Interact

Communicate, Connect, Cooperate, Work together

Does positive mean permissive?

21 February 2016 by Kathy Fischer, KPA-CTP

You be the judge:

WHAT I FREQUENTLY SEE:  A person walking with his dog on a leash, and his dog starts pulling on the leash when a stranger approaches. So the person allows his dog to pull him to the stranger, and then his dog jumps all over the stranger to say Hi.  The stranger then bends down and pets his dog.  His dog just learned that pulling on the leash, and then jumping up, has GREAT rewards!!

POSITIVE REINFORCEMENT RESPONSE:  A person is walking with his dog on a leash, and his dog starts pulling on the leash when a stranger approaches.  The person immediately stops, preventing his dog from reaching the stranger.  The person anchors the leash to his hip to maintain a fixed length to prevent any pulling back on his dog’s leash.  The person then asks the stranger to stop and not greet his dog until he says it is okay.  The person calmly waits without any attempt at all to tell his dog what to do.  While waiting the person watches his dog, waiting for his dog to either turn around and look at him (called checking in), or if his dog has been previously taught, waiting for his dog to return to his side.  When his dog turns to look at him, (with the stranger’s permission of course), the person allows his dog to greet the stranger.   His dog has learned that pulling on the leash does not get her anything at all, but checking in with her person (asking permission) gets her exactly what she wants!!

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Tips for training success!

31 August 2015 by Kathy Fischer, KPA-CTP

The better your communication is with your dog, the quicker your dog will learn.  The following tips will help improve the rate at which your dog learns:

  • Engagement always comes first! Attention is a two way street; you need to be paying attention to your dog, AND, your dog needs to be paying attention to you.  WHY?  If your dog is distracted when you give a cue, your dog is VERY unlikely to respond to you.  Wait for (or get) your dog’s attention before starting your training session, or giving your dog a cue.
  • If you click, you treat.  Period.  Even if you click by accident, you give a treat!  WHY?  To be a powerful communication tool, the clicker must always predict a treat is coming. If there are times when a treat does not follow the click, then the clicker loses its power.
  • Click has to come FIRST; treat comes AFTER you click!  Not before the click.  Not at the same time as the click.  AFTER the click!  The dog should not know a treat exists until after they hear the click!  WHY?  To be a powerful communication tool, the clicker must always predict a treat is coming. If the treat comes before the clicker, or at the same time, then the clicker did not predict the treat. Practice clicking, and then bringing the treat into view AFTER you click, to feed your dog.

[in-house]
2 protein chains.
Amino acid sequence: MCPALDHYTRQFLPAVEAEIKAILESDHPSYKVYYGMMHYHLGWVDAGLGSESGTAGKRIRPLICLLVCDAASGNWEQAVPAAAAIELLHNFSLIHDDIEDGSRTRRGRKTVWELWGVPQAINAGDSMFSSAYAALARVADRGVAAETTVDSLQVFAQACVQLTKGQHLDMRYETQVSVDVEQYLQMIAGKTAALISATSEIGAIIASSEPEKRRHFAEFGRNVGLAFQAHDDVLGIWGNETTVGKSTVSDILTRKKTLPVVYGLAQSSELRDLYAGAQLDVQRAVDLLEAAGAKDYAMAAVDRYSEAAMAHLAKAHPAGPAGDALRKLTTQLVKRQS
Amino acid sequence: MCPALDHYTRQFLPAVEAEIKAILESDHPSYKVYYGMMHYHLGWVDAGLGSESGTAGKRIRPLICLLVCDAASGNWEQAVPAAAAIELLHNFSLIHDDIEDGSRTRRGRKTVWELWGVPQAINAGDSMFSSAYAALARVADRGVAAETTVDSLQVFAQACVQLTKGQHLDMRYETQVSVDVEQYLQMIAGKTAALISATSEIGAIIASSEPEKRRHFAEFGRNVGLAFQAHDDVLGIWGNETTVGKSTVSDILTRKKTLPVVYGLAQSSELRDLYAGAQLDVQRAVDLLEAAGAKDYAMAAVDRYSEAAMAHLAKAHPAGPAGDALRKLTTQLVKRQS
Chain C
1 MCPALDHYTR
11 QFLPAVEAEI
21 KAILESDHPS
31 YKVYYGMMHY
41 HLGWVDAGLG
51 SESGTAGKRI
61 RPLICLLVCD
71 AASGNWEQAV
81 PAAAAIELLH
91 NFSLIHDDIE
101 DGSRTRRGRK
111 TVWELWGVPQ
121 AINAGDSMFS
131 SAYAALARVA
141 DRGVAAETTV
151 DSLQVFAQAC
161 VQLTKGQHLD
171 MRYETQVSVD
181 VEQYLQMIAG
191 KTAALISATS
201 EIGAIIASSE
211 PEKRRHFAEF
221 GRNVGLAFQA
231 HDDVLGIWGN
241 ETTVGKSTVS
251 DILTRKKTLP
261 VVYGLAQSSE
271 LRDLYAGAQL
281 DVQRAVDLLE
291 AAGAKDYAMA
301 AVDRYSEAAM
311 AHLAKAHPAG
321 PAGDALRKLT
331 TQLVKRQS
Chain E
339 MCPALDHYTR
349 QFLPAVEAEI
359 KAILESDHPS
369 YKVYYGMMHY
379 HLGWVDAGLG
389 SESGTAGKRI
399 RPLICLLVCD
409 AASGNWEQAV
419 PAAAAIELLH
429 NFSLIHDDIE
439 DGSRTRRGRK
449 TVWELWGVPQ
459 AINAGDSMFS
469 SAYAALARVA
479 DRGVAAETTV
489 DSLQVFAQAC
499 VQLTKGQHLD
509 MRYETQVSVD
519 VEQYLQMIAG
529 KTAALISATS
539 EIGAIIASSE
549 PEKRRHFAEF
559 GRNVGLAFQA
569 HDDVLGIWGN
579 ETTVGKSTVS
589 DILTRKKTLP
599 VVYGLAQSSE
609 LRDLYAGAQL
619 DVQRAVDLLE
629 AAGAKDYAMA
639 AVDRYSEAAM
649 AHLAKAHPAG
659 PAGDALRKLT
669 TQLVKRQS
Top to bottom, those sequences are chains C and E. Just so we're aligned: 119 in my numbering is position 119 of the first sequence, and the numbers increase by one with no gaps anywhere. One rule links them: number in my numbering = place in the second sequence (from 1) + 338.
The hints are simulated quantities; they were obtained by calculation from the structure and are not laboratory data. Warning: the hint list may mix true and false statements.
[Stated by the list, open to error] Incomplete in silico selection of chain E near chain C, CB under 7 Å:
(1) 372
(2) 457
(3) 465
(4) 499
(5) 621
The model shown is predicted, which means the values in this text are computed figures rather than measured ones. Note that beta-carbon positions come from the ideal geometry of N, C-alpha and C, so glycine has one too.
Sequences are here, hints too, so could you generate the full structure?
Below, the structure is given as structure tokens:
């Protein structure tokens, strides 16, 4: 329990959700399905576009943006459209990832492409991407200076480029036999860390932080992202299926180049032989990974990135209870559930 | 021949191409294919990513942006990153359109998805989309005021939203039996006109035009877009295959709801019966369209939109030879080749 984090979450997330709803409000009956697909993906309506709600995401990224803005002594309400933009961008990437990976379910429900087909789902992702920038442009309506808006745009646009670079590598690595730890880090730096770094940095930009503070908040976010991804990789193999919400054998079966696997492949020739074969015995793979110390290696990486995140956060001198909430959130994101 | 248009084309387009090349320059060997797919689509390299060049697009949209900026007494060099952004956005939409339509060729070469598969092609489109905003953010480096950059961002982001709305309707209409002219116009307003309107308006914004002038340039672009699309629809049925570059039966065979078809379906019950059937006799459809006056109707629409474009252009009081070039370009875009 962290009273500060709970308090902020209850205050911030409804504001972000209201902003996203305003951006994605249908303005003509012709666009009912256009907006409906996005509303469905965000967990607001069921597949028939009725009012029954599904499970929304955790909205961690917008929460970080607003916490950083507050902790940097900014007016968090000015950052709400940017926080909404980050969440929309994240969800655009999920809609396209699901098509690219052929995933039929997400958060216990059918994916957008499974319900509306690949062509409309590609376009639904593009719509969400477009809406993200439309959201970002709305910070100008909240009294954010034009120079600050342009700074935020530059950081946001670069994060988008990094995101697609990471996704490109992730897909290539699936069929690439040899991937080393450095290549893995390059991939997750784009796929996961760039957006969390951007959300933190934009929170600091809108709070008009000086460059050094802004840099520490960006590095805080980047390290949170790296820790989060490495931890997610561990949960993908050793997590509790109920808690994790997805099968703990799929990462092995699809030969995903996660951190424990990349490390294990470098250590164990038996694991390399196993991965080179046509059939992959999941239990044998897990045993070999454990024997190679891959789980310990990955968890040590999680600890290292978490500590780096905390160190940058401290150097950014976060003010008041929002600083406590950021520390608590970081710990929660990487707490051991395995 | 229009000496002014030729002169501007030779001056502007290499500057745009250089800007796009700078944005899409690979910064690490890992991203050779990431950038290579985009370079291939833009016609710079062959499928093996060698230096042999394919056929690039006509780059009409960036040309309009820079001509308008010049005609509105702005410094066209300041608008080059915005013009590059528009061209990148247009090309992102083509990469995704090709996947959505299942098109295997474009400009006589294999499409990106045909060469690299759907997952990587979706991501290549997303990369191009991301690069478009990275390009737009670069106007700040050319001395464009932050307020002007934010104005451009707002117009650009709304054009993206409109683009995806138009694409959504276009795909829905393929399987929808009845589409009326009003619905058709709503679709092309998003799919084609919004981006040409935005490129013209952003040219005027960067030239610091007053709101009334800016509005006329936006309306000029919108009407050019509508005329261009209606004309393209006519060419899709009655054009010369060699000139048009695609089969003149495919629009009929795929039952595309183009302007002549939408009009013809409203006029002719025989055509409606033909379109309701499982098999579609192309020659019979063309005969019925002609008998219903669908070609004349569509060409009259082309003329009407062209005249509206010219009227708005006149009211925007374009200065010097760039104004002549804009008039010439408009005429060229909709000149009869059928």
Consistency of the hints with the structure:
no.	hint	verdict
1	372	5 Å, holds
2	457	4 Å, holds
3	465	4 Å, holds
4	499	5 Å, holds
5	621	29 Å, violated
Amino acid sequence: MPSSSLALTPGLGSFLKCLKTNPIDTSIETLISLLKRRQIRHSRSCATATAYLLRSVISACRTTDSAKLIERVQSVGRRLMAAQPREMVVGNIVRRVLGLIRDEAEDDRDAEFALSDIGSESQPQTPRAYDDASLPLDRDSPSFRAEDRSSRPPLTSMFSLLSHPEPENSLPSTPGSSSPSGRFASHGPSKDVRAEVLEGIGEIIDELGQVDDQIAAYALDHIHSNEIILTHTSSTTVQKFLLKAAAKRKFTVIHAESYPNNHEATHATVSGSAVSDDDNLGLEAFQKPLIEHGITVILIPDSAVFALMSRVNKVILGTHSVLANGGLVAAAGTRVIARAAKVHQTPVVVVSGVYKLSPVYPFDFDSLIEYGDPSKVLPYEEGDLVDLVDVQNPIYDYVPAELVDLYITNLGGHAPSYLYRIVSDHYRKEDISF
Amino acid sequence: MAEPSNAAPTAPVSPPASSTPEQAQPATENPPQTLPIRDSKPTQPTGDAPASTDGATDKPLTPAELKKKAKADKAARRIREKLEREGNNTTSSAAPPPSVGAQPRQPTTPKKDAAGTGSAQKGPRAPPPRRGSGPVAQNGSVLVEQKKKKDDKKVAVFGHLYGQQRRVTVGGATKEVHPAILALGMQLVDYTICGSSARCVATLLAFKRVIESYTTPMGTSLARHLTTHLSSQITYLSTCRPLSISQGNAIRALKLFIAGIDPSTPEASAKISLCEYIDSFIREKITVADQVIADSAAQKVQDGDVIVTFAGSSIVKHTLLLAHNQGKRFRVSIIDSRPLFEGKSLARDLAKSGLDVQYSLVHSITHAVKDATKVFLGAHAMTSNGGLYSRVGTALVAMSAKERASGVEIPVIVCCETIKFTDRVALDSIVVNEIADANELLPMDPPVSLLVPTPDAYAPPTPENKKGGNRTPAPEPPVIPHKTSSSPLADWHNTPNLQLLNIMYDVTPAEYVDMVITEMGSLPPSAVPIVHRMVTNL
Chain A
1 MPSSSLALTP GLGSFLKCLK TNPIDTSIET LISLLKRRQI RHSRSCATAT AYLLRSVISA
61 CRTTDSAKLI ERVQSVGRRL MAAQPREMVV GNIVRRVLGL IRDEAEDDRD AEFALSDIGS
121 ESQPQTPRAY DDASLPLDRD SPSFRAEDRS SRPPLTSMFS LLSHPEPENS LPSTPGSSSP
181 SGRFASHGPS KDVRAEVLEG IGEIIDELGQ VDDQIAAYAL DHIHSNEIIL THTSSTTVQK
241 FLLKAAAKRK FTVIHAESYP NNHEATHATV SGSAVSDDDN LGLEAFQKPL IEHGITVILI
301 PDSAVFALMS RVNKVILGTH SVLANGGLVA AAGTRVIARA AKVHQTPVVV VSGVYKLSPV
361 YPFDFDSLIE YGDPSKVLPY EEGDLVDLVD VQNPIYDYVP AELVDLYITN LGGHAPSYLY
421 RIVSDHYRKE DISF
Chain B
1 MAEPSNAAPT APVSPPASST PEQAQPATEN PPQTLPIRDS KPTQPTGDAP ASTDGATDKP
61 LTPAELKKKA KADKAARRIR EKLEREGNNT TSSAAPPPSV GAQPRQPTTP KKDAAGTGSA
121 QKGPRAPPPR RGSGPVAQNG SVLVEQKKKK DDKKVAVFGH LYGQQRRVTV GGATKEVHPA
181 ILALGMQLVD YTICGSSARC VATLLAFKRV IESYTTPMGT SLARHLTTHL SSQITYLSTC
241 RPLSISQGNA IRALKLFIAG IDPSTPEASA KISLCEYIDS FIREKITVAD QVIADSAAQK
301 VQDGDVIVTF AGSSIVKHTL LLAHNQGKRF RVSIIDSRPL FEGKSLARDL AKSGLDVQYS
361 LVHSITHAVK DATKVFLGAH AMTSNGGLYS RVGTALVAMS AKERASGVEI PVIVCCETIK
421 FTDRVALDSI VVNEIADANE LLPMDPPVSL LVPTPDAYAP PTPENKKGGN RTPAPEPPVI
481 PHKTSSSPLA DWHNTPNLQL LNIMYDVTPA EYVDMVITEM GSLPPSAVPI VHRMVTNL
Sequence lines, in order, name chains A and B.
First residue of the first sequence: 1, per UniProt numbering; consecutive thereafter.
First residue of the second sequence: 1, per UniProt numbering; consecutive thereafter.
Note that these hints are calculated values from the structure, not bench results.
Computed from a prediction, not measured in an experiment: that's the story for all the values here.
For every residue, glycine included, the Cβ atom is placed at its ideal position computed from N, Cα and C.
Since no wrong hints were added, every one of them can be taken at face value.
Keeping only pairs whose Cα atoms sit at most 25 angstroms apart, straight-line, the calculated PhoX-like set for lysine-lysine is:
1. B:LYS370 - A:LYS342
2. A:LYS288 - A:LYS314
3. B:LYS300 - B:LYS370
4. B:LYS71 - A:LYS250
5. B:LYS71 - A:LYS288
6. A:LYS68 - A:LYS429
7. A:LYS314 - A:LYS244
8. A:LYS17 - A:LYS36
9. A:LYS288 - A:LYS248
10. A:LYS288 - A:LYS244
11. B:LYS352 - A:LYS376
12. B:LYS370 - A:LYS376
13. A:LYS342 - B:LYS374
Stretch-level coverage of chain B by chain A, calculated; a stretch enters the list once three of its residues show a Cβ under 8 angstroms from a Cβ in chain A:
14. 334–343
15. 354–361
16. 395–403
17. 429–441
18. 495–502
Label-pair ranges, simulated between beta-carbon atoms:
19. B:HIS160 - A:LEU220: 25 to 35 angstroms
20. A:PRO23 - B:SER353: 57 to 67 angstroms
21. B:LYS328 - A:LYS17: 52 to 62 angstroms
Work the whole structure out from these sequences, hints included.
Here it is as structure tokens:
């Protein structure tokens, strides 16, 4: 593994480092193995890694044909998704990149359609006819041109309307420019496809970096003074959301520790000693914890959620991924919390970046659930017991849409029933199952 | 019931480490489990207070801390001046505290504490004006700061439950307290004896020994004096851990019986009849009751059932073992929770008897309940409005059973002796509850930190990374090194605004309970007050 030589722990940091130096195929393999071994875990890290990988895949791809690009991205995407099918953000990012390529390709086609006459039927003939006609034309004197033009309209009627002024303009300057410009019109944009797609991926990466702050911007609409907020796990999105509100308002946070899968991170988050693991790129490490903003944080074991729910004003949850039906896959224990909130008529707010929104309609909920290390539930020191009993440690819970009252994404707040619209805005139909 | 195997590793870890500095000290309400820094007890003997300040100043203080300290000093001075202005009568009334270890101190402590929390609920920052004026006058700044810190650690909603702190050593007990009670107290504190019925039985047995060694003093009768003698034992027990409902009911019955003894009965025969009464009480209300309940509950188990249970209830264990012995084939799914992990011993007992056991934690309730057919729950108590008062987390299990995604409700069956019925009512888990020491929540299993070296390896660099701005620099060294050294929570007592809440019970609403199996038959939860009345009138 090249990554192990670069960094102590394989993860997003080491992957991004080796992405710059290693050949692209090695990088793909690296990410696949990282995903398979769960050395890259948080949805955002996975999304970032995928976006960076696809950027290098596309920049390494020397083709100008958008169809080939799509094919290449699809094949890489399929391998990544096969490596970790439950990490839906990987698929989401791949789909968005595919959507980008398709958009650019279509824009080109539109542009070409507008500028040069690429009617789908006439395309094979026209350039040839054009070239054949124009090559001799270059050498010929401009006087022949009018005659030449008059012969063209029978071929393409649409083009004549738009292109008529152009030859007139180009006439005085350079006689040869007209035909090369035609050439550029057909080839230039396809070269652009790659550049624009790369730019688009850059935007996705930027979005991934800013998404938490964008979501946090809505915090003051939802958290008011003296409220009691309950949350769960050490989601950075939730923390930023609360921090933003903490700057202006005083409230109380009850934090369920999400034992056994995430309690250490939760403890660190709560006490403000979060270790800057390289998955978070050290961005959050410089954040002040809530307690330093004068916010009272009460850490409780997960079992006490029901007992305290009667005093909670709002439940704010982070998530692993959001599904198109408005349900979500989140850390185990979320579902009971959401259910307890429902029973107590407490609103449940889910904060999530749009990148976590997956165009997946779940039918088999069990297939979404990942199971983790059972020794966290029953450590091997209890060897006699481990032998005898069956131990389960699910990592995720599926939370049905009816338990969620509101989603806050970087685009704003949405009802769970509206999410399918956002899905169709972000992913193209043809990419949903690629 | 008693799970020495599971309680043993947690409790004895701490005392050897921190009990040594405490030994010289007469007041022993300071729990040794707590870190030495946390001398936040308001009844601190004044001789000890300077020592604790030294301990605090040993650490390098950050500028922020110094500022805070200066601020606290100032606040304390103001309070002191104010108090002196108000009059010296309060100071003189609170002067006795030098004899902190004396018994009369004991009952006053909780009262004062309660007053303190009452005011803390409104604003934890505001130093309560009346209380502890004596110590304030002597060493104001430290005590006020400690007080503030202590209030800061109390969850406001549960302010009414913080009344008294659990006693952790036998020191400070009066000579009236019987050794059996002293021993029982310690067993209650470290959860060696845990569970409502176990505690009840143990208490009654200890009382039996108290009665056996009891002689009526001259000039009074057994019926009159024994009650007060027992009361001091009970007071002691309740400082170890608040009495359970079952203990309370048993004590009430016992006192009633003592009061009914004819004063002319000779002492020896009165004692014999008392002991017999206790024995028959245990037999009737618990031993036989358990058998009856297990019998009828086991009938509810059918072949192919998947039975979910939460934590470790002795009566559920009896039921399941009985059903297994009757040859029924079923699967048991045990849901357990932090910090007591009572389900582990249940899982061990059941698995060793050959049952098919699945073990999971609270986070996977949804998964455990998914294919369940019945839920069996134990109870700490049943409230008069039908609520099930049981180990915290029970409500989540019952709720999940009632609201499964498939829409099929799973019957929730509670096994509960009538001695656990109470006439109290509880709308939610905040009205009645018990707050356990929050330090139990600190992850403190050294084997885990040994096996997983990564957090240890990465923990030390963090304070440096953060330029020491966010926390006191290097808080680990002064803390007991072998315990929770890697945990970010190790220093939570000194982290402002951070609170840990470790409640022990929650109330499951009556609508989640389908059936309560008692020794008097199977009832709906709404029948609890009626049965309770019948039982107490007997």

• Always set your dog up for success. Take small steps in training that you know your dog has a high chance of getting right.  WHY?  The more you are able to click your dog, the more your dog will enjoy your training session, which will optimize how much your dog will learn.
  • Only teach one thing at a time. If you want your dog to stay (build duration) in a sit, stand close so you are not also asking your dog to learn to work with you at a distance.  WHY?  Only teaching one thing at a time makes it easy for the dog to know what you want so he can be successful in his performance.
  • Teach your dog how to handle distractions!  A dog must be taught that the cue sit means to put his butt on the ground no matter where you are, and no matter what is going on around you.  WHY?  Dogs are very poor at generalizing (they can be taught though).  Asking a dog to sit in a quiet living room is very different to the dog than sitting at a dog park while other dogs are running around you.  Asking the dog to sit while we stand 2 feet away from them is very different to the dog than asking the dog to sit while we are sitting on the couch.  We must train for both situations so the dog knows that “sit” means sit no matter where you are or what is going on.
  • Define rules and stick to them; be consistent.  Decide if you want to allow your dog to jump on people whenever he wants to, or if he needs to be invited to jump up.  Be sure everyone in your household knows the rules and sticks to them.  Use management to prevent your dog from breaking the rules until he has been taught the rules and understands them.  WHY?  Your dog will never learn not to jump on people if every once in a while he receives interaction/rewards for jumping on people. Employ the use of management to support what you are teaching.

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Teaching your dog to say “Please”!

10 February 2015 by Kathy Fischer, KPA-CTP

taz-Q-Gus-sittingCan my dog really say please?
A dog says please when he chooses to sit, look up at you and wait for what he wants (without jumping at you and mauling you).  This is taught by using everyday situations to reward good manners and practice obedience.  The dog learns that controlling his impulses, and calmly waiting will get him what he wants.